Stubbs's wonderfully calm and elegant images of sleek horses with their grooms, huntsmen or jockeys in neatly tailored landscapes, or of conversation pieces with the family sitting proud and upright in their carriages, are in their own way as significant a part of the portraiture of prosperous 18th-century England as the work of Reynolds and Gainsborough.


The generation after Reynolds, Gainsborough and Stubbs produces two artists who round off in dramatic style the great period of British portrait painting. Henry Raeburn stays almost exclusively north of the border in Scotland, usually depicting his sitters in dramatic lighting against dark sketchy backgrounds. His striking image of The Reverend Robert Walker Skating on Duddingston Loch (early 1790s) is Scotland's most famous painting but is untypical.

Thomas Lawrence, the youngest of this group, is also the most flamboyant and free in the brilliant facility of his brush strokes. As Holbein immortalizes Henry VIII, so Lawrence does the same for the prince regent, or George IV. He and his most famous subject die in the same year, 1830.


Neoclassicism: 18th - 19th century

Ever since the Renaissance, successive generations of artists and architects have turned to classical models for inspiration. Even at the height of baroque (the least classical of styles in mood or line) contemporary grandees are often depicted in togas. Military heroes, however foolish they may look, strutt in the stiff ribbed kilt of the Roman legionary.

During the 18th century a quest for classical authenticity is undertaken with new academic vigour. There are several reasons. Archaeological sites such as Pompeii are being excavated. And interest is shifting from the Roman part of the classical heritage to the Greek.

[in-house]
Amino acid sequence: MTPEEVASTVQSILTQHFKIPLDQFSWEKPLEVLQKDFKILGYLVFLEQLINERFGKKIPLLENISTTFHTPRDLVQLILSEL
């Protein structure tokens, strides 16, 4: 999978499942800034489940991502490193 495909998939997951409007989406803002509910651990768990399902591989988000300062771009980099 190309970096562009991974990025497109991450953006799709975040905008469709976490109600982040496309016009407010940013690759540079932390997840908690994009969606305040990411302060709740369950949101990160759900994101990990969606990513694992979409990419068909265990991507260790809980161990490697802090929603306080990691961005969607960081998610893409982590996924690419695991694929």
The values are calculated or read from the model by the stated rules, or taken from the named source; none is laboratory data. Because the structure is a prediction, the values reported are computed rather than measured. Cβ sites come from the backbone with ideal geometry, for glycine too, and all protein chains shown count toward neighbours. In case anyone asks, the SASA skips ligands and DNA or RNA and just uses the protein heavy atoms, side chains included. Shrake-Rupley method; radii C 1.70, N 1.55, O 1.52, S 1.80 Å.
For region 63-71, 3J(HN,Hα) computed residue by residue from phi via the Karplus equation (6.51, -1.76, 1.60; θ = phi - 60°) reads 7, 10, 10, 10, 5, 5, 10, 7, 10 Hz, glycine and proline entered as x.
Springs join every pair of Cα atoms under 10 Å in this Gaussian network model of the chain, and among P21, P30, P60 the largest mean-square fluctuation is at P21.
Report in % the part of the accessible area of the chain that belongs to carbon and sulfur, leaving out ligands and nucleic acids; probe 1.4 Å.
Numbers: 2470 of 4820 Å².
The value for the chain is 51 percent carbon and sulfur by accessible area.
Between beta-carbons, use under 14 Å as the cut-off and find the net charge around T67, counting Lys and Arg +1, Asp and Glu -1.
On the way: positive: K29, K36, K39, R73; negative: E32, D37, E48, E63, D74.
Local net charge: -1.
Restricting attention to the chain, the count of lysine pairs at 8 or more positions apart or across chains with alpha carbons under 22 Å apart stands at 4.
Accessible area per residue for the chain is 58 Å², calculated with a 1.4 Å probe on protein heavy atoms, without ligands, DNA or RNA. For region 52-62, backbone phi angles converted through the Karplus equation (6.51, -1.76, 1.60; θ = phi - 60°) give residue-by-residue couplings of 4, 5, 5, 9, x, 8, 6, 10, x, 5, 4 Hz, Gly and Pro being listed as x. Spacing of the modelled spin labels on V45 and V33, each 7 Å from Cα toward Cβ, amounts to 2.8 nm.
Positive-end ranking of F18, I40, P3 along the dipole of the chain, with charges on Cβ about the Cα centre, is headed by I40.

Ancient Greek sites in southern Italy (in particular Paestum) and in Sicily begin to be studied in the 1740s. In 1755 Johann Joachim Winckelmann, a German archaeologist and a key figure in the Greek Revival, publishes a work on Greek painting and sculpture in which he argues that the art of Greece provides the best example of ideal beauty.

The avant-garde greets this notion with enthusiasm. Over the next century Greek themes increasingly pervade the decorative arts. Greek porticos and colonnades grace public buildings. Greek refinement becomes the ideal for neoclassical sculptors and painters.


The effect of the Greek Revival on painters includes a new emphasis on the importance of line, deriving from the figures on Greek vases and in low-relief friezes. It also results in a great increase in the number of subjects selected from Greek mythology and literature.

Many of these neoclassical artists treat their ancient themes with a wispy sentimentality, more in keeping with their own time than with Greece or Rome. This is true of the French artist who pioneers the style in the 1750s, Joseph-Marie Vien. The charge can also be laid against the most energetic neoclassical painter working in Britain, Benjamin West. But an entirely new rigour is introduced by Vien's best pupil, Jacques-Louis David.